Have you ever seen colleagues discussing tips to trade the bond market? Perhaps no. Tracking the bond market could be as exciting as watching paint dry, whereas the stock market seems to be on fire. But don’t let news headlines mislead you. Bonds have an important place in portfolio diversification. When held to maturity, they can provide consistent and stable returns. So today, our team is answering the question: Are bonds the latest broker trend?
Global Bond Issuance Reaches Record Highs
Practically every government in the world has been borrowing money from the public to fund recovery packages and get their economies out of the pandemic-induced doldrums. The global debt market hit record levels, increasing 31% YoY to reach $10.2 trillion in 2020. Additionally, green bonds issuance reached new highs, and is set to register stronger growth in 2021. Over $732.1 billion worth of bonds and loan varieties in the sustainable debt sector were issued in 2020, the highest yearly volume issuance.
Image Source: Bloomberg
Yields Reach Record Highs
Just a year ago, covid fears had driven US Treasury and other yields to ultra-low levels. At the same time, near-zero level interest rates left few alternatives for investors to find better returns.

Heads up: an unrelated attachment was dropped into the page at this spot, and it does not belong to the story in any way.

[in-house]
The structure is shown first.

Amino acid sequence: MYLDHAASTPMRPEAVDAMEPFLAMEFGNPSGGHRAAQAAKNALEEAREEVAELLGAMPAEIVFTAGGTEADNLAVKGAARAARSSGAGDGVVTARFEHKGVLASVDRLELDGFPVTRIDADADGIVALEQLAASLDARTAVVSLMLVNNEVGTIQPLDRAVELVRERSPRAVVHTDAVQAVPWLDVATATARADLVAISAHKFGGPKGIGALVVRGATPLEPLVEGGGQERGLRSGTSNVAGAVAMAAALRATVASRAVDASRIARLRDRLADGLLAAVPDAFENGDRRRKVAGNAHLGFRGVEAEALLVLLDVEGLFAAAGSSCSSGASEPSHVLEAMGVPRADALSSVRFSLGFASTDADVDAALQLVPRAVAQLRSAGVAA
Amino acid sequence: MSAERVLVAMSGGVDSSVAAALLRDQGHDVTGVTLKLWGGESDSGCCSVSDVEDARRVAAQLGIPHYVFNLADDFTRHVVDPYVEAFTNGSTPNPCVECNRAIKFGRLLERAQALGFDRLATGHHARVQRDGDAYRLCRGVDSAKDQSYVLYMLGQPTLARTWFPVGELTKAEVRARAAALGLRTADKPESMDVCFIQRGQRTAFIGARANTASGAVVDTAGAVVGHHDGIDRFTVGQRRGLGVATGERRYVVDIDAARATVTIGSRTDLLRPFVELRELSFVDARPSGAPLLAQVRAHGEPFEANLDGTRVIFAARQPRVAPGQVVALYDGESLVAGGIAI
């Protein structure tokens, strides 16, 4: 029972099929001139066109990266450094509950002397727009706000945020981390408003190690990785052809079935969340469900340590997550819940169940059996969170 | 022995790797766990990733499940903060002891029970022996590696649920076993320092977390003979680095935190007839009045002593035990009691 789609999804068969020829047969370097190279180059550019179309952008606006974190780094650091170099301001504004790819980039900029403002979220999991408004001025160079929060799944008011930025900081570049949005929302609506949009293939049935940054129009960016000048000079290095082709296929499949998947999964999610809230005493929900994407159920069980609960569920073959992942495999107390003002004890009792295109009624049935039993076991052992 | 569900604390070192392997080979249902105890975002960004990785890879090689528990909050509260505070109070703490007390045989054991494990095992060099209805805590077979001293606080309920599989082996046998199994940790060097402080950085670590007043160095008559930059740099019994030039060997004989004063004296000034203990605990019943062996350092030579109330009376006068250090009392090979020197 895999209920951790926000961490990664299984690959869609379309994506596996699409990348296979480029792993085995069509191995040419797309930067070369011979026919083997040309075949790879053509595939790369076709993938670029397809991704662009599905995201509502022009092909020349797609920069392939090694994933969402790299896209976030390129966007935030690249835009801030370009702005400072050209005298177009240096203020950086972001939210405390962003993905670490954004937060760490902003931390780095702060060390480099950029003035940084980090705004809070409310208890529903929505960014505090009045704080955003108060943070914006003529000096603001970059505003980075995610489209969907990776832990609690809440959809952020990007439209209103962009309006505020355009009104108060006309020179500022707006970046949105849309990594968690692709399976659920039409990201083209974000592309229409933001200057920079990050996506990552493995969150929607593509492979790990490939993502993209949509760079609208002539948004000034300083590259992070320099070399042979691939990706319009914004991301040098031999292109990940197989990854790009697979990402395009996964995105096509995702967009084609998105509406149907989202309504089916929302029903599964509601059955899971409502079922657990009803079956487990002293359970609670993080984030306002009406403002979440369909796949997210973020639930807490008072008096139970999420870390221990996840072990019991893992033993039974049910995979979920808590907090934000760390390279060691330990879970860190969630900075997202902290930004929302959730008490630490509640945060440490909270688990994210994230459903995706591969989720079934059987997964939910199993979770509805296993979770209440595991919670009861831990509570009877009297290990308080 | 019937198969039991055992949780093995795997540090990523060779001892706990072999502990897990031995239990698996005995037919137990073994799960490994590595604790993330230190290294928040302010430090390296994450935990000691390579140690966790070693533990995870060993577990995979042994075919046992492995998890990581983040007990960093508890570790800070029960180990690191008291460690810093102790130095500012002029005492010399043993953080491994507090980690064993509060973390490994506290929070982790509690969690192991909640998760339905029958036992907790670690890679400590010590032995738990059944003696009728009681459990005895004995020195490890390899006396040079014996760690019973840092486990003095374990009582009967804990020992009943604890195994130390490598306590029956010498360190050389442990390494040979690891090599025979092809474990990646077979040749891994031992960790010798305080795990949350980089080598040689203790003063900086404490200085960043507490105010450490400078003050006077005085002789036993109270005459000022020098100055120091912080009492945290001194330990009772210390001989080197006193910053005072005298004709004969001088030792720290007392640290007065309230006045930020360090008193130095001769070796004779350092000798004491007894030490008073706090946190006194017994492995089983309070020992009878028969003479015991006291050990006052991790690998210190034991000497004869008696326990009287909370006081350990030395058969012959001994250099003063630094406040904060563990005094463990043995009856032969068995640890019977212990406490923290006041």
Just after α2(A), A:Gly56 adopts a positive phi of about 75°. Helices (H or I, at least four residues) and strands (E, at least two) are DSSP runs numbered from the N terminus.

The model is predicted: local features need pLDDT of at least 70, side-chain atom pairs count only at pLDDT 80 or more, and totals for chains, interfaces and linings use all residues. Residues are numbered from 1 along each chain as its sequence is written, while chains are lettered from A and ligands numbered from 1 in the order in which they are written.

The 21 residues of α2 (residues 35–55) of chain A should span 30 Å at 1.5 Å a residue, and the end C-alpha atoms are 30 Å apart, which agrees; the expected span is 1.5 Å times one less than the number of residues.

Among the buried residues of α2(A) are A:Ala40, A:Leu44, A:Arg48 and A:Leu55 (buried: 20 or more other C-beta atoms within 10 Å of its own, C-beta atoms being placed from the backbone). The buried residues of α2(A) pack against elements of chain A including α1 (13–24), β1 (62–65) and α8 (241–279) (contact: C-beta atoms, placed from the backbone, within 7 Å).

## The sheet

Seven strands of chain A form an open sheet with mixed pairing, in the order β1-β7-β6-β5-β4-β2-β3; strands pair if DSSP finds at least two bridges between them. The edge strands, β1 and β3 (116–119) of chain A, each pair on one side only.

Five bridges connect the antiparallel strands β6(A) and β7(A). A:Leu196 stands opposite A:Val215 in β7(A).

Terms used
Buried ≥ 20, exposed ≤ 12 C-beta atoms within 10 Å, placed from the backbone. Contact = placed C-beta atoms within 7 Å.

Interest rates are still at record lows, yet yields are rising. Against a backdrop of a recovering US economy, the US-10 year treasury yields surpassed the 1.75% level in a matter of just 75 days in mid-March 2021. However, the US Fed showed no inclination to raise rates anytime soon, citing unemployment as a bigger concern.
Why Brokers Should Consider Bonds
Demand for bonds has been resilient despite higher supply and higher yields. For instance, sustainable debt sales are surging to record highs in Latin America. Investors in the region have raised about $8.7 billion in bonds related to environmental, social and governance projects.
With rising yields, equities suffer, making the bond market more appealing for the yield-seeking investor.
So, is it time brokers considered offering bonds as a way for their clients to diversify their portfolios? With a $100 trillion global marketplace, bonds offer investors multiple investment options.
But before tackling the complexities of this diverse market, you need to understand the basics. So, let’s look at these fixed income instruments, sometimes also called “the smarter asset class.”
Fun Fact: The first-ever sovereign bond was issued by the newly formed Bank of England in 1693 to fund its ongoing war with France.
Image Source: Intriguing History
What Are Bonds?
A bond is a fixed income instrument, issued against a loan given by an investor to a borrower. These borrowers can be governments, municipalities and corporations that need capital. So, if a government issues a bond and an investor buys it, it means the investor is lending money to the government.
Why Are Bonds So Popular?
Bonds can play so many roles in your portfolio, starting with diversification:
Bonds tend to see lower volatility than the stock market. And when held to maturity, they can offer stable and consistent returns. They also tend to perform well when stocks are falling.